The Supreme Court issued two very important rulings last week that expanded, a bit, the protections guaranteed as a result of the right to counsel. In both cases the result was 5-4, with Justice Kennedy joining the four more liberal justices and the four conservatives all in dissent. Both cases involved attorneys giving bad advice to defendants concerning plea bargains offered by the prosecutors. Orin Kerr explains the two cases. The first:
In the first case, Missouri v. Frye, the prosecution made a plea offer with an expiration date, and the lawyer did not tell his client of the offer. The defendant claimed that he would have taken the deal if he had known about it. Justice Kennedy holds that the Sixth Amendment right to counsel is implicated fully at the plea stage. Because the state conceded that the lawyer was ineffective if the right to counsel applied, the remaining issue was how to tell if a defendant was prejudiced by the lawyer’s ineffectiveness. According to the majority, the test for whether the defendant was prejudiced is as follows:
To show prejudice from ineffective assistance of counsel where a plea offer has lapsed or been rejected because of counsel’s deficient performance, defendants must demonstrate a reasonable probability they would have accepted the earlier plea offer had they been afforded effective assistance of counsel. Defendants must also demonstrate a reasonable probability the plea would have been entered without the prosecution canceling it or the trial court refusing to accept it, if they had the authority to exercise that discretion under state law. To establish prejudice in this instance, it is necessary to show a reasonable probability that the end result of the criminal process would have been more favorable by reason of a plea to a lesser charge or a sentence of less prison time.
And the second:
In the second case, Lafler v. Cooper, the defense attorney told the defendant about the plea offer but allegedly gave the client extremely foolish advice to reject the plea and go to trial. The defendant followed the lawyer’s advice, went to trial, was convicted on all counts, and received a much higher sentence than the plea. Again, the state conceded that the lawyer was ineffective. The test for prejudice in this setting was announced as the following:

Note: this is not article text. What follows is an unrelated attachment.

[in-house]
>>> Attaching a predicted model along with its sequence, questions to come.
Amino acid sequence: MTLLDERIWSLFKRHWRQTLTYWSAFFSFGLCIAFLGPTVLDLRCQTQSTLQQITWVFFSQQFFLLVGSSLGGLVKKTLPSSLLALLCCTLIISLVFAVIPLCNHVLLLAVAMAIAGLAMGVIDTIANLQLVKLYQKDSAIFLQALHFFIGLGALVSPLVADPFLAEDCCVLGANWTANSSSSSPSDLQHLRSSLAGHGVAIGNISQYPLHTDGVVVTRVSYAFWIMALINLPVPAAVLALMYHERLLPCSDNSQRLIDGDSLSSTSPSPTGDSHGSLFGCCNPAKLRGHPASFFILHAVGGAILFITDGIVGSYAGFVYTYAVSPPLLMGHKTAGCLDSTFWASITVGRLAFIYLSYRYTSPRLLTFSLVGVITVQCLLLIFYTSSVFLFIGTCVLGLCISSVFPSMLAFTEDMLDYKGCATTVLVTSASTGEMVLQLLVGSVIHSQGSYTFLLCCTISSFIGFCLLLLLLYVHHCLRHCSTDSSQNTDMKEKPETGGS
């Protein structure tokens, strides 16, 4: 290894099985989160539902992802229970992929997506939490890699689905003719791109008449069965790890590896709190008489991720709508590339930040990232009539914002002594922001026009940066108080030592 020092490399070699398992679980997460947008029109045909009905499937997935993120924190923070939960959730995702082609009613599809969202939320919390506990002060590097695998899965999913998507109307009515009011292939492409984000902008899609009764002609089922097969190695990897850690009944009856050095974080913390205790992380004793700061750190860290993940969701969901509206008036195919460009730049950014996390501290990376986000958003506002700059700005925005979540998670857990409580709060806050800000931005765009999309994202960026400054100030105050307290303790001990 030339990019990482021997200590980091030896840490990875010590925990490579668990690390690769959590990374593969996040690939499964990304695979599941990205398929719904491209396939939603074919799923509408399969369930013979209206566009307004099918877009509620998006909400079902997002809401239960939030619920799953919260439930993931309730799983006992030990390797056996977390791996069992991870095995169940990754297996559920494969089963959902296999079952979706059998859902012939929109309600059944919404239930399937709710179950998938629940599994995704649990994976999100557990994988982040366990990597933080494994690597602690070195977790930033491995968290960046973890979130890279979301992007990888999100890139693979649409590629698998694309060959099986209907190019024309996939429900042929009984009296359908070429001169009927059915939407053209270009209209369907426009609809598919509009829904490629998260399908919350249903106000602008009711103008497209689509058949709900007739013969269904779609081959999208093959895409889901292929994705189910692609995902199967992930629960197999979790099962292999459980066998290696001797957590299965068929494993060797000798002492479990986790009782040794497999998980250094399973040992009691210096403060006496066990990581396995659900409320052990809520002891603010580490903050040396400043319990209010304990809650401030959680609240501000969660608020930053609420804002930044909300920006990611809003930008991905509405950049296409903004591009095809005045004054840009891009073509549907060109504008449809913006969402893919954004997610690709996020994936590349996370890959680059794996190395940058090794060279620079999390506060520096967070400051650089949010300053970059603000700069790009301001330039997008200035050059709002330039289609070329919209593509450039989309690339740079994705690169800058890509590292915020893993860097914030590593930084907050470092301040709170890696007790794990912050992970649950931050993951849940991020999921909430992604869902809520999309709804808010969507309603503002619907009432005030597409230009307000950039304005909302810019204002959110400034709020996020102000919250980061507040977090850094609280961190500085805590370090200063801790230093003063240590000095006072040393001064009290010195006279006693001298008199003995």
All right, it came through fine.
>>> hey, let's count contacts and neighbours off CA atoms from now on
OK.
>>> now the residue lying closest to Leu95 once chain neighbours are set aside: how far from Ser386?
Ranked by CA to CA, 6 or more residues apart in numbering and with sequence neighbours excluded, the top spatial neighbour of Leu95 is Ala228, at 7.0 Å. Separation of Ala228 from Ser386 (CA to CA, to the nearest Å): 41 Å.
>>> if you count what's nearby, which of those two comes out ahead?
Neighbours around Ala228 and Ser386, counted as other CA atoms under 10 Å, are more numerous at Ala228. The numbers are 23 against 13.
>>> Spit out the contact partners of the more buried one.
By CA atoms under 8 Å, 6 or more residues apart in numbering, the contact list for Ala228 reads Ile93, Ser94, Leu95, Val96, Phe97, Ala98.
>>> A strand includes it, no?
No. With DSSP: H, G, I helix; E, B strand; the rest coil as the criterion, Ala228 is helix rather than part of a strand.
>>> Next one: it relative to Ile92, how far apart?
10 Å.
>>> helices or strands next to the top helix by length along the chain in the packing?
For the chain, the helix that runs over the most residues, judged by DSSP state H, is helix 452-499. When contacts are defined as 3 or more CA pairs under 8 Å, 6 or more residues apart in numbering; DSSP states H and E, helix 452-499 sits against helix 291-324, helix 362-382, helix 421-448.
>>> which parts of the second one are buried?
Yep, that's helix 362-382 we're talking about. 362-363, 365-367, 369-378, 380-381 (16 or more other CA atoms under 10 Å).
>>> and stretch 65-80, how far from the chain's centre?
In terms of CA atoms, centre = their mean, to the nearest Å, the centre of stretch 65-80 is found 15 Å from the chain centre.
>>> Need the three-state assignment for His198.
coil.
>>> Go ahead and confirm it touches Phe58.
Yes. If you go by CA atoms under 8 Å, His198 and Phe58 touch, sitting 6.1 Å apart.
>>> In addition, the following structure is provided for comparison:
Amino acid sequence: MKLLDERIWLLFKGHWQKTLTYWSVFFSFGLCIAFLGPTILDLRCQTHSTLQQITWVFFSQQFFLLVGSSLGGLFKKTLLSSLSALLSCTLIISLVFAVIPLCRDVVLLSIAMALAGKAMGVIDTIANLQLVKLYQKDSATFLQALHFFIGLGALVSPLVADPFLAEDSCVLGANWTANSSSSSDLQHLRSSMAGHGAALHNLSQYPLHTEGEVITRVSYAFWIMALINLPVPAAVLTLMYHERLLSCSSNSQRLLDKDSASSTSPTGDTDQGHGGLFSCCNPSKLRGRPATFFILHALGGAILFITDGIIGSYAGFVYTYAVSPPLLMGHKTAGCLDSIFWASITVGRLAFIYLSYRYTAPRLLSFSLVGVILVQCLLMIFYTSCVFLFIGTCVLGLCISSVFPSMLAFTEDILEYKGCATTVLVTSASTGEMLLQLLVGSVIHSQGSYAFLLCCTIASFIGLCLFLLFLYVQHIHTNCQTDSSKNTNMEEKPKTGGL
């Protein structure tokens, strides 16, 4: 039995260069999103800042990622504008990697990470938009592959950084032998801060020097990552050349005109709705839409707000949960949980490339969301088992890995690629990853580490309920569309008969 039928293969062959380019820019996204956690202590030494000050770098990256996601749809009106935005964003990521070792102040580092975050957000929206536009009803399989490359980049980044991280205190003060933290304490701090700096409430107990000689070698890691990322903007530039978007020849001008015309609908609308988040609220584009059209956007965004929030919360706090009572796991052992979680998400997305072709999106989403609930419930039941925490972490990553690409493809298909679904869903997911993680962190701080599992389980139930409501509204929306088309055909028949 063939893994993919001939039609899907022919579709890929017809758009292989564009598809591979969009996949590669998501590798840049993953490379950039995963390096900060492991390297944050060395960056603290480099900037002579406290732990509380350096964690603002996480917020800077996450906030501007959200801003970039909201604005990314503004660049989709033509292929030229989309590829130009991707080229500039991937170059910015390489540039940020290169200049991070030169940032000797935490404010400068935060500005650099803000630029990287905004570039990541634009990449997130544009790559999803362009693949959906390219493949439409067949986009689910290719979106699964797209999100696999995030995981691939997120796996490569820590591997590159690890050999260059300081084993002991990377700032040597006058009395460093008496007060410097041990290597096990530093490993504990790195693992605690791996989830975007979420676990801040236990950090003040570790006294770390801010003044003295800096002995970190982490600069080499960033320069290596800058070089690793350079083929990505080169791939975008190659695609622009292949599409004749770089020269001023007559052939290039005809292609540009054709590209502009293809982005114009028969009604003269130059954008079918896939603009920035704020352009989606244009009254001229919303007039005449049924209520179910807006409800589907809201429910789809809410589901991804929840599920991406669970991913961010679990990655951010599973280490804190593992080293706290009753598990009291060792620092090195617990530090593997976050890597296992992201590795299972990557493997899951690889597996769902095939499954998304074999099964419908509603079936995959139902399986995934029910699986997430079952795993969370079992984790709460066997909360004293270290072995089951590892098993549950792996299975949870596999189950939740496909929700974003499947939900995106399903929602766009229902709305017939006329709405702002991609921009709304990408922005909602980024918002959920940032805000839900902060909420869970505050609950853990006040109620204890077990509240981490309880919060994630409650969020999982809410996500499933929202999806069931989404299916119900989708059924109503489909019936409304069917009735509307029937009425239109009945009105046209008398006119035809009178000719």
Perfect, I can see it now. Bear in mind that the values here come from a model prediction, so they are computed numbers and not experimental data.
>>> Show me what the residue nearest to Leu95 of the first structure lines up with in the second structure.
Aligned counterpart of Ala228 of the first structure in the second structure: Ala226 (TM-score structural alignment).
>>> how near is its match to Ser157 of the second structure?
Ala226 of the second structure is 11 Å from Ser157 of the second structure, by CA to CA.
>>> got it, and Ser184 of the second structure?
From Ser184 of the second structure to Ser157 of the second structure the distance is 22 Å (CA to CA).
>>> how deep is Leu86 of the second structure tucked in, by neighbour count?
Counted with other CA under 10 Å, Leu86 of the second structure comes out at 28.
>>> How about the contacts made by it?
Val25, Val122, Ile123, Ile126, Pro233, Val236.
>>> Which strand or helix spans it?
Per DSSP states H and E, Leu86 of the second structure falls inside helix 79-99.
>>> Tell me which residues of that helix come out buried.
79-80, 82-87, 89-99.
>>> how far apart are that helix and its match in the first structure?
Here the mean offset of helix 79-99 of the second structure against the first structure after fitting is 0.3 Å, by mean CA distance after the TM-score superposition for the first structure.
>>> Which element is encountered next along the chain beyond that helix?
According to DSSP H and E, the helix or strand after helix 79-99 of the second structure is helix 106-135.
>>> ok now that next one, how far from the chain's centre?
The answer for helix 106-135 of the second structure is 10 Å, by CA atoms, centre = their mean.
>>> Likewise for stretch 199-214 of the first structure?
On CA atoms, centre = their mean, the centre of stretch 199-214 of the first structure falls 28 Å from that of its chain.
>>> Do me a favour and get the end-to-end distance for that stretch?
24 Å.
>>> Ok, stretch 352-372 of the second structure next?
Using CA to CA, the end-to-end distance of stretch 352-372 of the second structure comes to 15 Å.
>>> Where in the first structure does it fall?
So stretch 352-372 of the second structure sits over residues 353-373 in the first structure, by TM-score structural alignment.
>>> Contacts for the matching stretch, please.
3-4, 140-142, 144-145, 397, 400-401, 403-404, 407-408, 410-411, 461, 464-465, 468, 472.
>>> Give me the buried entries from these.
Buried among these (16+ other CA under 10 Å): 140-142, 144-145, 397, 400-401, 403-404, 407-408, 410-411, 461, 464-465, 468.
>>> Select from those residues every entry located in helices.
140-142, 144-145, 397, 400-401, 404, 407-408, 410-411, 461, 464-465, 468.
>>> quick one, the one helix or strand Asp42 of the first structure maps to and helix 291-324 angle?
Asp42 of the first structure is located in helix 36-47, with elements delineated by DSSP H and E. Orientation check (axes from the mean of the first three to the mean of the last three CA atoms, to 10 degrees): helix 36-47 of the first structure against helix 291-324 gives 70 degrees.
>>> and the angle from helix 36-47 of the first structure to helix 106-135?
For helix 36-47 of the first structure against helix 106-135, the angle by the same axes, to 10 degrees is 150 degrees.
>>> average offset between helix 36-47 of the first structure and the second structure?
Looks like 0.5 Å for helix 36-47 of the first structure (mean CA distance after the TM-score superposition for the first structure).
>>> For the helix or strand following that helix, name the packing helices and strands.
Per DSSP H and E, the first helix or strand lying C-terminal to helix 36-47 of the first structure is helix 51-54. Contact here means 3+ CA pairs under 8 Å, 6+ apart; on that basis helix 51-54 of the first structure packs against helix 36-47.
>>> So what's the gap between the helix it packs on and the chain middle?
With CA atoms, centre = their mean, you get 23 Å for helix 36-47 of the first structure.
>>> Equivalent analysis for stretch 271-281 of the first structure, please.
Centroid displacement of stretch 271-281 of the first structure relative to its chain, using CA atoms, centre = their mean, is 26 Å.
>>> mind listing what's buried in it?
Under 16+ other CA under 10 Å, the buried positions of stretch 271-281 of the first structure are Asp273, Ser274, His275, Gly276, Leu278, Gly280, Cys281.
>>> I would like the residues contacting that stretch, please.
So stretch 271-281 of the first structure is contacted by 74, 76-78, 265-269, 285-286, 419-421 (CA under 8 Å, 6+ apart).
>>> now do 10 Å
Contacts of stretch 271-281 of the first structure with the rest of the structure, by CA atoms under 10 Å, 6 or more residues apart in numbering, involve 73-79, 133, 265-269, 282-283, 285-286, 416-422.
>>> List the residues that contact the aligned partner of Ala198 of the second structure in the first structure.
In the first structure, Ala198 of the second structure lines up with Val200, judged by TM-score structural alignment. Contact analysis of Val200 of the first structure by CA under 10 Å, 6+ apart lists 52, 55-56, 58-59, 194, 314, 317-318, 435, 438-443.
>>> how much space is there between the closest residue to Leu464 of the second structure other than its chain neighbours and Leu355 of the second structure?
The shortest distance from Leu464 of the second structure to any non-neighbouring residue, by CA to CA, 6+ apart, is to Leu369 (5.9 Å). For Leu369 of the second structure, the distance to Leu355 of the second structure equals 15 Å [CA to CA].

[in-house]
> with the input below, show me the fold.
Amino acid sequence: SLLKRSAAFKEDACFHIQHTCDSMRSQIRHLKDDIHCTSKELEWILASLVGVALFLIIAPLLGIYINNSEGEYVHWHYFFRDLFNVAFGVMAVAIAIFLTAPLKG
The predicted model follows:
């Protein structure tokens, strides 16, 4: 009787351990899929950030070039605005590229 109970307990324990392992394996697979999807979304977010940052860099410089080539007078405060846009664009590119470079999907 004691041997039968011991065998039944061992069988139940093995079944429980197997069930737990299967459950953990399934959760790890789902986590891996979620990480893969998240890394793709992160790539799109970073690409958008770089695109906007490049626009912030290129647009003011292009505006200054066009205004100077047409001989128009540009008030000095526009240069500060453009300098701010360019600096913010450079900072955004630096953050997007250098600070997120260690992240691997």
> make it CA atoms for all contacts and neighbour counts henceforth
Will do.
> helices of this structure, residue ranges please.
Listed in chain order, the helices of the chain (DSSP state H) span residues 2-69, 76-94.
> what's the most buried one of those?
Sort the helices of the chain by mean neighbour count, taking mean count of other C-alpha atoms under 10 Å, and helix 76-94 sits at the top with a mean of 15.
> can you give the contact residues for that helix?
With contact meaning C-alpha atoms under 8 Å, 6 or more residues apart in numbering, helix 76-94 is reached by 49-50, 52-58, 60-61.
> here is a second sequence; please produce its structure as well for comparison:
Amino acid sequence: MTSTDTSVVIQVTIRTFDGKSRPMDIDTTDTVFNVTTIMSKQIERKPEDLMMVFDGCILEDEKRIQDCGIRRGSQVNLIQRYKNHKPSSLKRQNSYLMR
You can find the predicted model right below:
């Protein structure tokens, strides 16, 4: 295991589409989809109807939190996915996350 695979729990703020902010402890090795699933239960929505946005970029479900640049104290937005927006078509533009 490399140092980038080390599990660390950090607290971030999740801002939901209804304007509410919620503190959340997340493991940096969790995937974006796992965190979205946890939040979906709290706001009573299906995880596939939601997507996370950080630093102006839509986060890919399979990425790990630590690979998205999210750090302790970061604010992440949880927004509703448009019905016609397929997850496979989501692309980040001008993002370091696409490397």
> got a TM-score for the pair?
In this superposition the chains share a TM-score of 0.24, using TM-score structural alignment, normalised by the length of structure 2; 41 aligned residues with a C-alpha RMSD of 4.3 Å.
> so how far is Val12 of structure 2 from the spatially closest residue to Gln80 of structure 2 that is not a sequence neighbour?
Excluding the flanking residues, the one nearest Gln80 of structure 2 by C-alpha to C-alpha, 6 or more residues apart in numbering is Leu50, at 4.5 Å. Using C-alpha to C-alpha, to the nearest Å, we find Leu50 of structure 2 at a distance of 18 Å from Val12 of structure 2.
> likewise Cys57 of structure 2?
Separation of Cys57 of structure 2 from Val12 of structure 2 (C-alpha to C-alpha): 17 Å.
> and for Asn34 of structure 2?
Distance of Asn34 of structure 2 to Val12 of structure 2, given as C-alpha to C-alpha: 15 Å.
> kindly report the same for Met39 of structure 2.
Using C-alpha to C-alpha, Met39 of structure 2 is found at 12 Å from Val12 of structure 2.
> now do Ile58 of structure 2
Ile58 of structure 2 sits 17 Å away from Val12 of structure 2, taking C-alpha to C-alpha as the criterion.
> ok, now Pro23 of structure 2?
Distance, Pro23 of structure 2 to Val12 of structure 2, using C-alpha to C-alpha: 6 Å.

In these circumstances a defendant must show that but for the ineffective advice of counsel there is a reasonable probability that the plea offer would have been presented to the court (i.e., that the defendant would have accepted the plea and the prosecution would not have withdrawn it in light of intervening circumstances), that the court would have accepted its terms, and that the conviction or sentence, or both, under the offer’s terms would have been less severe than under the judgment and sentence that in fact were imposed.
About 95% of all convictions in the United States are the result of plea bargains, with prosecutors overcharging and using mandatory minimum sentences in order to force the defendants to plead guilty. As Justice Kennedy wrote, “In today’s criminal justice system, the negotiation of a plea bargain, rather than the unfolding of a trial, is almost always the critical point for a defendant.” The plea bargain “is not some adjunct to the criminal justice system; it is the criminal justice system.”
Predictably, the conservatives on the court are more concerned about the fact that the case would give some defendants the right to challenge the incompetence of their attorneys who pushed them to plea bargain without giving them accurate information. Justice Scalia argued that it would open up “a whole new boutique of constitutional jurisprudence … plea-bargaining law.” But so what? Protecting constitutional rights requires lawyers to represent clients in asserting those rights. This is an argument against protecting rights? In what universe?